Blagojevich's picks to Gaming Board include gambling opponents - Saturday 12th of March 2005

CHICAGO - Gov. Rod Blagojevich's new appointments to the Illinois Gaming Board include at least two opponents of gambling who have never been to a riverboat casino, and one says a proposal to end casino gambling altogether in the state is worth considering.

Their words give hope to anti-gambling crusaders who believe the board focuses too much on casino profit and not enough on the social impact of gambling.

"Much more attention has been given to the owners and the profitability of the casinos than attention has been paid to the losers," said Tom Grey, executive director of the National Coalition Against Legalized Gambling. "If this is truly a new day, then profit won't be the sole motivation of the regulatory body."

The Gaming Board has been unable to take any regulatory action since August, when resignations left it with only two members - one short of a quorum.

Blagojevich put off filling the vacancies for months, saying he couldn't find qualified people who had no ties to the gambling industry. Then on Thursday, he announced five new members - three to join the board on Monday and the others to replace the current members when their terms expire July 1. The state Senate has the power to confirm or reject the appointments, but the nominees can begin serving immediately.

Retired Cook County Judge Aaron Jaffe, who is to become chairman; the Rev. Eugene Winkler, a retired Methodist minister and social activist in Chicago; and Charles Gardner, manager of a real estate investment company in the Chicago area, all start Monday.

Southern Illinois University law professor Sheila Simon, daughter of the late U.S. Sen. Paul Simon; and Joe Moore Jr., who runs a public relations firm in Chicago, start in July.

Jaffe, Simon and Winkler all say they aren't gamblers and have never been to a riverboat casino.

Winkler described himself as philosophically opposed to gambling. He has fought past efforts to bring a casino to Chicago and said he doesn't think the state needs another casino license - it already has 10 casino licenses, nine of them in use. He also said he is willing to reconsider the issue of whether the state should let the 10th license go to casino planned for Rosemont.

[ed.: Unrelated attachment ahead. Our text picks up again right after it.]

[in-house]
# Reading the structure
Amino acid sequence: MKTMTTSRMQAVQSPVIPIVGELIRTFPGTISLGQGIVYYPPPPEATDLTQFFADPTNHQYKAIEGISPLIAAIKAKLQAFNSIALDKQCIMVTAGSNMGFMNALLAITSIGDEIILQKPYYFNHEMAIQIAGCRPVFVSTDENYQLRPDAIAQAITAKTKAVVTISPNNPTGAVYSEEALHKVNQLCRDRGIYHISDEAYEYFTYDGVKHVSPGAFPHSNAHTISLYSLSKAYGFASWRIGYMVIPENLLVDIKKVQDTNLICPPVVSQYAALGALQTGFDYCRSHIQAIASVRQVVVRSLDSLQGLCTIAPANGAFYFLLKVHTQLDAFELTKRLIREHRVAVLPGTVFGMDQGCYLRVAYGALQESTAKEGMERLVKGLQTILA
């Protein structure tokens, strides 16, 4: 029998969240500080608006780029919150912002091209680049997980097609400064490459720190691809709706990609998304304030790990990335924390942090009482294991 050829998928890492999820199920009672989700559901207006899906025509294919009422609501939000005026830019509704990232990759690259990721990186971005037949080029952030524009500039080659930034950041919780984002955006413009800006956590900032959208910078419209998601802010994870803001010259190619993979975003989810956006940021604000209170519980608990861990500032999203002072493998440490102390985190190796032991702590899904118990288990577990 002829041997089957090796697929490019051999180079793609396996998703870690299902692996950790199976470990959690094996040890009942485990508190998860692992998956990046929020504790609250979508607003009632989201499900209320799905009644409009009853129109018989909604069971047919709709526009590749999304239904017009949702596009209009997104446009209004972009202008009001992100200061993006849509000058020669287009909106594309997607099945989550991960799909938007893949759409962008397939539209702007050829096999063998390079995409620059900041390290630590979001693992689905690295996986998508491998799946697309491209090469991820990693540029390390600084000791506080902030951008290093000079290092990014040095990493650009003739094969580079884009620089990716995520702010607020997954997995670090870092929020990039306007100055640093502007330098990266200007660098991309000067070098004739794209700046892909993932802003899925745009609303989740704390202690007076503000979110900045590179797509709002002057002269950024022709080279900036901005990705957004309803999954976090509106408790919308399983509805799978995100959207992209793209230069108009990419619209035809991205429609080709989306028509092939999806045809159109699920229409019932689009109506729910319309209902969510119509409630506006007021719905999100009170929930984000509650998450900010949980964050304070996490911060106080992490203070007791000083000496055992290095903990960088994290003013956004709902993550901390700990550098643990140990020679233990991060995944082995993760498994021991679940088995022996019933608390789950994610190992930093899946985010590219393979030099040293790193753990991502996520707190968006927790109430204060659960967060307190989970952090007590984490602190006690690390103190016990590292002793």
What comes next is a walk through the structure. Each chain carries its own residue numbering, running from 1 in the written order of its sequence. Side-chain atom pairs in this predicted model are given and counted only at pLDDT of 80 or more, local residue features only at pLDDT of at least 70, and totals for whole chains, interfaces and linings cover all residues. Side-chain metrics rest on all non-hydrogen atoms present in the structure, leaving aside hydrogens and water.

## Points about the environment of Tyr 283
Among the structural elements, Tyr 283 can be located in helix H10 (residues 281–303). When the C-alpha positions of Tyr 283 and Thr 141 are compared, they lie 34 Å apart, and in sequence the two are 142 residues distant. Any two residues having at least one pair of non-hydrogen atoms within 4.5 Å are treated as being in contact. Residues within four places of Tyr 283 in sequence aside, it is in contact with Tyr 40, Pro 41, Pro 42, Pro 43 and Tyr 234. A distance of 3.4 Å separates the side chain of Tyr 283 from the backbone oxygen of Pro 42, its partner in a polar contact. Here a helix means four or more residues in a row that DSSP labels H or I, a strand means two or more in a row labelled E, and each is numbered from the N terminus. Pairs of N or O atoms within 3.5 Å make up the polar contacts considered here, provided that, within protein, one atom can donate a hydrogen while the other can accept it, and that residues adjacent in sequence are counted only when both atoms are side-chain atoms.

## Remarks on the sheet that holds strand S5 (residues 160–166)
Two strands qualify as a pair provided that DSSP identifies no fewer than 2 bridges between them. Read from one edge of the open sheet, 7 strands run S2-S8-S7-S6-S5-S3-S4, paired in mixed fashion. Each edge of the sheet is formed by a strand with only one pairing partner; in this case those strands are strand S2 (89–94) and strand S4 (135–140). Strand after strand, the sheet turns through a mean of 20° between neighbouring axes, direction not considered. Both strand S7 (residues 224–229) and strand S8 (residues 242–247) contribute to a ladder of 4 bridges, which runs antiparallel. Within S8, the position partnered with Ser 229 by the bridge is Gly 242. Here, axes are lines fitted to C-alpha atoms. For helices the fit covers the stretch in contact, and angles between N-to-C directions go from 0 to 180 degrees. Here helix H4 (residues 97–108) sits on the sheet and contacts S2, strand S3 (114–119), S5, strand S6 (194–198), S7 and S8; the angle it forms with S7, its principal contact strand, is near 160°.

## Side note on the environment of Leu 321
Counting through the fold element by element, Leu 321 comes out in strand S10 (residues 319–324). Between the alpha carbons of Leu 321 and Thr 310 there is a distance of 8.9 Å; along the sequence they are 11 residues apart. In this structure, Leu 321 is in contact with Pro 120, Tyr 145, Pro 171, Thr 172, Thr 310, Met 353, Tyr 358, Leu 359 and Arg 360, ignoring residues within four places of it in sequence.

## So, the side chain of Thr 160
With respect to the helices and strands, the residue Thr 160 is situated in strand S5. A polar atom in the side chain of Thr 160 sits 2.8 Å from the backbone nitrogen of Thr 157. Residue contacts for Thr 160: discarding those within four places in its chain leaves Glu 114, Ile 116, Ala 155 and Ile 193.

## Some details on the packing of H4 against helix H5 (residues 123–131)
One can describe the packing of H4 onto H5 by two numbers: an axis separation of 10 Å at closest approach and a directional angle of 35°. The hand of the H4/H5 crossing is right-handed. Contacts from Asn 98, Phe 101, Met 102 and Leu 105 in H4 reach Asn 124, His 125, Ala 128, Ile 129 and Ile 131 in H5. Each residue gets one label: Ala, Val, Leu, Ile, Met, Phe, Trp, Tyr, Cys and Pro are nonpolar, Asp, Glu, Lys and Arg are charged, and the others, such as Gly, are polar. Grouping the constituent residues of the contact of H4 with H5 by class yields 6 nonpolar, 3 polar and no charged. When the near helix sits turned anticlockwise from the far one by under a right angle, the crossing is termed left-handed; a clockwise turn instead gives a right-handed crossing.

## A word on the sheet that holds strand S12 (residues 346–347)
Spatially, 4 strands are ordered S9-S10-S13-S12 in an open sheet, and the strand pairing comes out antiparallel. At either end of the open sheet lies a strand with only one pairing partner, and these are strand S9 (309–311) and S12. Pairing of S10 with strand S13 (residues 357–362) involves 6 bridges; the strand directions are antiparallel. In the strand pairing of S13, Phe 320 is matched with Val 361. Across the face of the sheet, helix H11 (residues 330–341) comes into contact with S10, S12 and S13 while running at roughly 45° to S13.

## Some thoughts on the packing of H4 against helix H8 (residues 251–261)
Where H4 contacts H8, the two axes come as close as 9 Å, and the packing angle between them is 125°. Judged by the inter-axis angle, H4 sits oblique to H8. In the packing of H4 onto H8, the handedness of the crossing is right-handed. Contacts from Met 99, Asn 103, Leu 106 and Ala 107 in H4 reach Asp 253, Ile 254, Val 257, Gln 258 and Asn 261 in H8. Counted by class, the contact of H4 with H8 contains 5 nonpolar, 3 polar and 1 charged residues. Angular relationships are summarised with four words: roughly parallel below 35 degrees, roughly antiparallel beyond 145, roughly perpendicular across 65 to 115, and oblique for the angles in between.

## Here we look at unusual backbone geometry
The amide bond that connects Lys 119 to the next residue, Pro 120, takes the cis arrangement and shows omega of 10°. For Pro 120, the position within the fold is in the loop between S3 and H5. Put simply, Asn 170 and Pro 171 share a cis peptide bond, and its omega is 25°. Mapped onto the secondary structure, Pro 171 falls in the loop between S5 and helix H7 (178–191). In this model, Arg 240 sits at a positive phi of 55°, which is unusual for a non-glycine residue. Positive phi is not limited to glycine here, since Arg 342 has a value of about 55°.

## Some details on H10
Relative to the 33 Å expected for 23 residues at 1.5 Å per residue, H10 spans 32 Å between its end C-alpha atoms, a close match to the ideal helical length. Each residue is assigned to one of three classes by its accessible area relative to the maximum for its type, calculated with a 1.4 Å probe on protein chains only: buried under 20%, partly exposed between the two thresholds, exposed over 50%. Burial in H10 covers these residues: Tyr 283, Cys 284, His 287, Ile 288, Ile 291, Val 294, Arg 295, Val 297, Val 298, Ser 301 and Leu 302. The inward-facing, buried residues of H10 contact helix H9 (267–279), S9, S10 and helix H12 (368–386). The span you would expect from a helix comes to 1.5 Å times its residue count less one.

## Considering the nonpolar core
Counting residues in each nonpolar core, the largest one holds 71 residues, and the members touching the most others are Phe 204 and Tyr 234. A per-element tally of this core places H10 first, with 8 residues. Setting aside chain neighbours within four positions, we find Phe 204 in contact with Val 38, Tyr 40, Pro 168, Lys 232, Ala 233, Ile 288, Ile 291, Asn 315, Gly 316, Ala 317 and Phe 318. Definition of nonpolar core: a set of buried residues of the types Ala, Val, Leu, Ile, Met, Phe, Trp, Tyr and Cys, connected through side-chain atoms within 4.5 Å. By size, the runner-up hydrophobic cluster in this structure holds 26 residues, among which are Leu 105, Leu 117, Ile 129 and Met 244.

"The governor knew my position when he asked me to serve," Winkler said. "I also understand that gambling is here to stay. This state depends on the revenue from these nine casinos."

Jaffe said he expects that the board will consider both the social and economic aspects of gambling when it takes action.

"There are a lot of people who are hurt by gambling and a lot of families who are hurt by gambling," Jaffe said. "Am I crazy about gambling? No, I'm not crazy about gambling. Am I going to say people shouldn't do it? That's not my job.

Simon, who says she isn't a fan of gambling, called a proposal currently in the Illinois House that would end casino gambling in Illinois "an idea worth looking at."

"Certainly gambling is a tax on the people who can least afford to be taxed," she told the Southern Illinoisan of Carbondale. "It's not the greatest idea."

Jaffe and Moore declined to discuss the dispute over allowing a casino in Rosemont. They also said it would be premature to comment on whether Chicago should get the city-owned casino that Mayor Richard Daley and others have pushed for, or whether gambling should be expanded in Illinois, as state lawmakers have been discussing for years.

Blagojevich, a Democrat from Chicago, has been hostile to both gambling expansion and a Chicago casino.

Jaffe, who was known as a liberal, independent member of the Legislature from 1971 to 1985, said he was not given any direction by Blagojevich on how the board should act.

"Nobody has said to me, you have to do this or do that," he said. "I intend to be my own person."

Mike Lawrence, director of the Public Policy Institute at Southern Illinois University in Carbondale, said he expected Jaffe and Simon would both be independent. He said Simon has "rock-solid integrity and she marches to her own drummer."

"She's fully capable of being objective and doing what members of the board are supposed to do. They're not supposed to decide whether gambling is good or bad, they're supposed to regulate gambling," he said.

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